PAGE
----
Verdict may be ‘end of the road’ for Gore

By RON FOURNIER

Associated Press

On the eve of U.S. Supreme Court arguments, Al Gore’s attorney said Sunday the vice president urgently needs a legal victory to recount Florida’s votes or "that’s the end of the road" for his dogged drive to the presidency. A chorus of jittery Democrats agreed.

As both sides previewed their cases in legal filings, George W. Bush’s lawyers asked the high court to overturn a Florida Supreme Court recount plan they said would "incite controversy, suspicion and lack of confidence" in the first American presidential election of the 21st century. Democratic attorneys defended the Florida court.

Though confident, Gore’s attorneys conceded publicly and privately that the odds are stacked against them.

As deeply divided as the country, the high court justices voted 5-4 on Saturday to temporarily halt manual recounts in Florida and consider the landmark Bush vs. Gore case. When the counting stopped Saturday, an unofficial Associated Press survey put Bush’s lead over Gore at 177 votes.

The state’s 25 electoral votes would put either man in the White House.

A CNN/USA Today Gallup Poll conducted Sunday found a nearly even split over whether the court should allow the recount to continue: 47 percent for a recount and 49 percent against, with a margin of error of plus or minus 4 percentage points.

Neither Bush nor Gore committed to giving up if the Supreme Court issues an adverse decision, but even Gore’s advisers conceded he has fewer options than Bush beyond the high court.

"If no votes are counted, then I think that’s the end of the road," said David Boies, who will argue the case for Gore. But the lawyer stopped short of saying his client would bow out.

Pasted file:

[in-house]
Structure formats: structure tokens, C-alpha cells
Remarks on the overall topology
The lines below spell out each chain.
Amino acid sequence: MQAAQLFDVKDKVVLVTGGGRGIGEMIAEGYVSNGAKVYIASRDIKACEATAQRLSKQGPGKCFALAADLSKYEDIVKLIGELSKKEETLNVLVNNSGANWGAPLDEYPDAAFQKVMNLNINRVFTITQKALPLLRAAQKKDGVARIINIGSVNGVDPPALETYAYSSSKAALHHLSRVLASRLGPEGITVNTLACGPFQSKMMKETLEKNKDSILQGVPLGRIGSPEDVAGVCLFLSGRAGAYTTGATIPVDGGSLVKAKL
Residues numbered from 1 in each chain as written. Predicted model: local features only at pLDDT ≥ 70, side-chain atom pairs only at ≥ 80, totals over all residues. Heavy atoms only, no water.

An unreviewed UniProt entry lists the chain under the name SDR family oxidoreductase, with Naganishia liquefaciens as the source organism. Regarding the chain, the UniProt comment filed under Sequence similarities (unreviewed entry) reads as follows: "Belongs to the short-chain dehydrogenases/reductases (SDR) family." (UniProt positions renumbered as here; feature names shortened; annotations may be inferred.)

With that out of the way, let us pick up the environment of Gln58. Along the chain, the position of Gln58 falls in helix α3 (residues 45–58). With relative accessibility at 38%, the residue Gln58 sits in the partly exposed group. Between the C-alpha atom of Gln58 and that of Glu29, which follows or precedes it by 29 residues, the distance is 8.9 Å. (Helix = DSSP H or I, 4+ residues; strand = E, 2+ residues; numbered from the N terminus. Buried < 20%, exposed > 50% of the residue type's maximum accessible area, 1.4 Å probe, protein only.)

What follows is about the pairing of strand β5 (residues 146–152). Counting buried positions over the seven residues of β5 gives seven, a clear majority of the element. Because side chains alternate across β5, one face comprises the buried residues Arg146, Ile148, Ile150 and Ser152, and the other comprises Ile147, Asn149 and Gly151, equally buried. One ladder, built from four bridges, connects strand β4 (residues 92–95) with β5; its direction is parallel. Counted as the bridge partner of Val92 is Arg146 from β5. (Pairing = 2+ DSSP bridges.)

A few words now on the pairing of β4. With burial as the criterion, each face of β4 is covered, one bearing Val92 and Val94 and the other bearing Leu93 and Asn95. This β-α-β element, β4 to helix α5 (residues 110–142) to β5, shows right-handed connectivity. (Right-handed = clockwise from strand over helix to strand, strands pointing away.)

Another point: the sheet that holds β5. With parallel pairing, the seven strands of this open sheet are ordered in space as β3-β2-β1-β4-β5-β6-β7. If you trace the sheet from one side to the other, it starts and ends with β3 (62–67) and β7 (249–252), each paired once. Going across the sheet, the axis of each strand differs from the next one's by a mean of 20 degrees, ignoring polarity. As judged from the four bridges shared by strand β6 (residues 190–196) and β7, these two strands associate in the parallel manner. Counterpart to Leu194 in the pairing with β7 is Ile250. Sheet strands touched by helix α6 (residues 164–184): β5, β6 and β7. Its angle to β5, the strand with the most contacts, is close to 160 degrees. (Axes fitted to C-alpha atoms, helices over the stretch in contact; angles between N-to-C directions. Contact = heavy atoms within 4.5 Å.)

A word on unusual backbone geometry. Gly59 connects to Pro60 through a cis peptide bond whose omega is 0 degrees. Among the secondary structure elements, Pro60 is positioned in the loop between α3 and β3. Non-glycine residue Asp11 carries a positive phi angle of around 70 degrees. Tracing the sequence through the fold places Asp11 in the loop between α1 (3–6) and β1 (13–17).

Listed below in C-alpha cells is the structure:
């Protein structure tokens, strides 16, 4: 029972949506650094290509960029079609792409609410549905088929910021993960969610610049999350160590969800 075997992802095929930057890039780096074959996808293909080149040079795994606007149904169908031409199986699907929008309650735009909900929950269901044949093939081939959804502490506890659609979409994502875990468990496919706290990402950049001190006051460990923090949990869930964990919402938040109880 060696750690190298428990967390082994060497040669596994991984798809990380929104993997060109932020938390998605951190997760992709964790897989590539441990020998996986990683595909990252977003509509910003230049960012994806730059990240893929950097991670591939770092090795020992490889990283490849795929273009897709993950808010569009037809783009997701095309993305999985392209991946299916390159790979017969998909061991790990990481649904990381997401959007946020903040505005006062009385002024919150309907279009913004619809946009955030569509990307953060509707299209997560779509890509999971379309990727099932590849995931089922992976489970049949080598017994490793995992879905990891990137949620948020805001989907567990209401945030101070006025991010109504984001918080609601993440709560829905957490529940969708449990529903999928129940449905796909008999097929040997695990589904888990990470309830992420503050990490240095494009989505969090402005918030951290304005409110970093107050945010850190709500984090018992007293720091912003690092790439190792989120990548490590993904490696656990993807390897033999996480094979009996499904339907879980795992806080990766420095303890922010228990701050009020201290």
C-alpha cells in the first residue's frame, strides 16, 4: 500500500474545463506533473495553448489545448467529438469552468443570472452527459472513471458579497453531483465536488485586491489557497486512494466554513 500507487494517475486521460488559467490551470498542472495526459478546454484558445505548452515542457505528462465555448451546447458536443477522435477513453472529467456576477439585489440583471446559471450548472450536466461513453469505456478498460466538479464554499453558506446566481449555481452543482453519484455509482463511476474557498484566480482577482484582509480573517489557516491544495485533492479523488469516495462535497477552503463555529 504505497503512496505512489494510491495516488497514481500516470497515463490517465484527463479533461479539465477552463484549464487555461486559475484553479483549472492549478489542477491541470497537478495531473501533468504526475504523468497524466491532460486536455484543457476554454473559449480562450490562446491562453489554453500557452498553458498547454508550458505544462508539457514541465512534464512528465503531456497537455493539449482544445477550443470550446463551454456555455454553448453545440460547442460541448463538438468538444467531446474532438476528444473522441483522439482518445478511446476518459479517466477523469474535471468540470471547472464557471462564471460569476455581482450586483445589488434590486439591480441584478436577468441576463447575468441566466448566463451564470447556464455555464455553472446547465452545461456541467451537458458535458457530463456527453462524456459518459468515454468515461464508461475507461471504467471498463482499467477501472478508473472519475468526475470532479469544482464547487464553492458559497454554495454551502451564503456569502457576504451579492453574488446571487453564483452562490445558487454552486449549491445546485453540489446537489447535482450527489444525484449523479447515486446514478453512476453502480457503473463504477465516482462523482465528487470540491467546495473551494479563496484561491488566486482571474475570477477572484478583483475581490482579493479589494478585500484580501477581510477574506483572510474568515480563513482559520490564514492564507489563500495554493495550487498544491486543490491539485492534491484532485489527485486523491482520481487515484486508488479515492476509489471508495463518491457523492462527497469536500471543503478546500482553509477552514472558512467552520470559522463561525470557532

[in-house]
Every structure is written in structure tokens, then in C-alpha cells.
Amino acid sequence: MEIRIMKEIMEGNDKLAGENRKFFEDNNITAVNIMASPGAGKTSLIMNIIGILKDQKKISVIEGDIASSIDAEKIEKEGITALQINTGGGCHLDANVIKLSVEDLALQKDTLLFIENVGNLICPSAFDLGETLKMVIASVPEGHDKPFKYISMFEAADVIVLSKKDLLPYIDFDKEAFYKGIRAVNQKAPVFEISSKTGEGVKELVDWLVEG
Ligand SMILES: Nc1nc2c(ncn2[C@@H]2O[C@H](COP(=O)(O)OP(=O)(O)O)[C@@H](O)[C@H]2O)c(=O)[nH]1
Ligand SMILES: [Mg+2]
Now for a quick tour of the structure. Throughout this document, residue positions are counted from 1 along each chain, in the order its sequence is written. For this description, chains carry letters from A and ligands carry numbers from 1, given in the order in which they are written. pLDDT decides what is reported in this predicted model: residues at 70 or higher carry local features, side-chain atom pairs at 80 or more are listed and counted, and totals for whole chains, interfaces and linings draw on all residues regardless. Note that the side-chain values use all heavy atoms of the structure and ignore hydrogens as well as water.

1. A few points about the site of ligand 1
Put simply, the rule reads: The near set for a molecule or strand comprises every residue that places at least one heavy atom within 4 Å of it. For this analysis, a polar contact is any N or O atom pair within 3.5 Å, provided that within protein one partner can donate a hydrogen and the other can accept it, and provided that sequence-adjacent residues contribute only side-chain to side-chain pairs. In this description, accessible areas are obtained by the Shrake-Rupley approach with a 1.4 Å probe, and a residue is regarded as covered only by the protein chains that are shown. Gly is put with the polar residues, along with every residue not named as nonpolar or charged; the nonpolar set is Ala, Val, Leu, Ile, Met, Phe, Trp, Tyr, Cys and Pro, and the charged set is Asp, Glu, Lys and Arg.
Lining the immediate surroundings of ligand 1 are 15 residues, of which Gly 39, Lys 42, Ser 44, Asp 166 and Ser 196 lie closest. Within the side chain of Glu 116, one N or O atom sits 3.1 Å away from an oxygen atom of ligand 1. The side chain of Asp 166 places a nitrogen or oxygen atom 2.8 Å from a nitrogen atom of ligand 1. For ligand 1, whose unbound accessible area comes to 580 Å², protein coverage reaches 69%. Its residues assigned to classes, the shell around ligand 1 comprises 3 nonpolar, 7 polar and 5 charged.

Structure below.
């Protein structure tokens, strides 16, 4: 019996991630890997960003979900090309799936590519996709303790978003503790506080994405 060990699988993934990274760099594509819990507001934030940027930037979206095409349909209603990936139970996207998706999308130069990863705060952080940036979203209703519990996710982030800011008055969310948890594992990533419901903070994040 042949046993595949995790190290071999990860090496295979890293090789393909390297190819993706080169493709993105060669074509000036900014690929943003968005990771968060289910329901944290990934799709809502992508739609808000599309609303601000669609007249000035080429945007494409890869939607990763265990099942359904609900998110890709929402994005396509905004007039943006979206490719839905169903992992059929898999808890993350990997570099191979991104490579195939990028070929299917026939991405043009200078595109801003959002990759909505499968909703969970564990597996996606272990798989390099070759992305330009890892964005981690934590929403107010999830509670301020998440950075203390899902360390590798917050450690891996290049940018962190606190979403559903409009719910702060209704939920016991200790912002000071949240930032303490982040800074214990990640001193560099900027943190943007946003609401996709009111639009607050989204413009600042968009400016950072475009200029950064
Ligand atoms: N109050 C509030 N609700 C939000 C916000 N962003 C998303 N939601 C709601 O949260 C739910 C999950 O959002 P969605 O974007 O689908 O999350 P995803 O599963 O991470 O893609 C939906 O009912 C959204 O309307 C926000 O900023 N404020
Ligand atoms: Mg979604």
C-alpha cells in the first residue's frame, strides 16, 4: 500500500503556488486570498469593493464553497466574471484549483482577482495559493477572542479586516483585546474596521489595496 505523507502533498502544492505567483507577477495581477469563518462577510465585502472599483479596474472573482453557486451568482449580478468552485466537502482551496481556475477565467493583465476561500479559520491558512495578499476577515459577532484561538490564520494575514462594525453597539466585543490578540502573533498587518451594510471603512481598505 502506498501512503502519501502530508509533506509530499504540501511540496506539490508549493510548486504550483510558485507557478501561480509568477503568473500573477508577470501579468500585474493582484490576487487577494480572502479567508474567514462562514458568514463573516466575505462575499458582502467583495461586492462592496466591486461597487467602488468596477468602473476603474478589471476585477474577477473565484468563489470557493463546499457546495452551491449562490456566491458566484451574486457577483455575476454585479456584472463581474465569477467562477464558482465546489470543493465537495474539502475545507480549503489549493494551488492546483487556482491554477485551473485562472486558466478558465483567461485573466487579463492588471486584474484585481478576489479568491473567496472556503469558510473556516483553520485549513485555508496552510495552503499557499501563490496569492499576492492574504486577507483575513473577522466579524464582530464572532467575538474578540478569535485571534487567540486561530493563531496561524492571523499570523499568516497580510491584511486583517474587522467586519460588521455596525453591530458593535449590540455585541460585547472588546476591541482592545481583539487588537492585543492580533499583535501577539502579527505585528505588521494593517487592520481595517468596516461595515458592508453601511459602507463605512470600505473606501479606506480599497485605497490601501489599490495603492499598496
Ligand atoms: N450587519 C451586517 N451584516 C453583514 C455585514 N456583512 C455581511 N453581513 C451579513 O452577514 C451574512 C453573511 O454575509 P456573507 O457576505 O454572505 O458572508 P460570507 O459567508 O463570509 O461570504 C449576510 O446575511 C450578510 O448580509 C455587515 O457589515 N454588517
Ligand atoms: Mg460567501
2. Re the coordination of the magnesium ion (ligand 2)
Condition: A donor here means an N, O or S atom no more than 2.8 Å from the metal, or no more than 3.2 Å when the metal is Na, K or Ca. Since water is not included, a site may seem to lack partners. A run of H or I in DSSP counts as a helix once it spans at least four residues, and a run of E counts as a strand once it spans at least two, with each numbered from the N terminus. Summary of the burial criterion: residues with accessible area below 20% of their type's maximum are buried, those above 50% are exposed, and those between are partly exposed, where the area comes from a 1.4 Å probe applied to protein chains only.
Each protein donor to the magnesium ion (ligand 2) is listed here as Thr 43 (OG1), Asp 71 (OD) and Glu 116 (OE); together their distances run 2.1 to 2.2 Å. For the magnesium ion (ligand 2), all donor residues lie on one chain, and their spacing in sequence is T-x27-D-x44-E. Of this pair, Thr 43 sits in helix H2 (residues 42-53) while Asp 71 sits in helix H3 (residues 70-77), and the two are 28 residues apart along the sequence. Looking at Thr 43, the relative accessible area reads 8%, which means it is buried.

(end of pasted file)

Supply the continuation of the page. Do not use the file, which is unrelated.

House Minority Leader Richard Gephardt, a steadfast Gore supporter, told ABC, "I believe he will" concede if the court rules against him, and Bush should do the same if the tables are turned.

Bush’s point man in Florida, former secretary of state James A. Baker III, refused to say Bush would concede if the Supreme Court ruled against him.

Meanwhile, determined to send a slate of Bush electors to Washington, majority Republicans in the Florida Legislature will oversee testimony Mtoday from legal experts and public witnesses on lawmakers’ authority in presidential elections. GOP Senate leaders suggested Sunday they may delay a decision on selecting electors until after the U.S. Supreme Court rules.

The state House could vote as early as Tuesday on a presidential slate. The Senate isn’t expected to take action before Wednesday.

Copyright ©2000 Associated Press. All rights reserved. This material may not be published, broadcast, rewritten, or redistributed.

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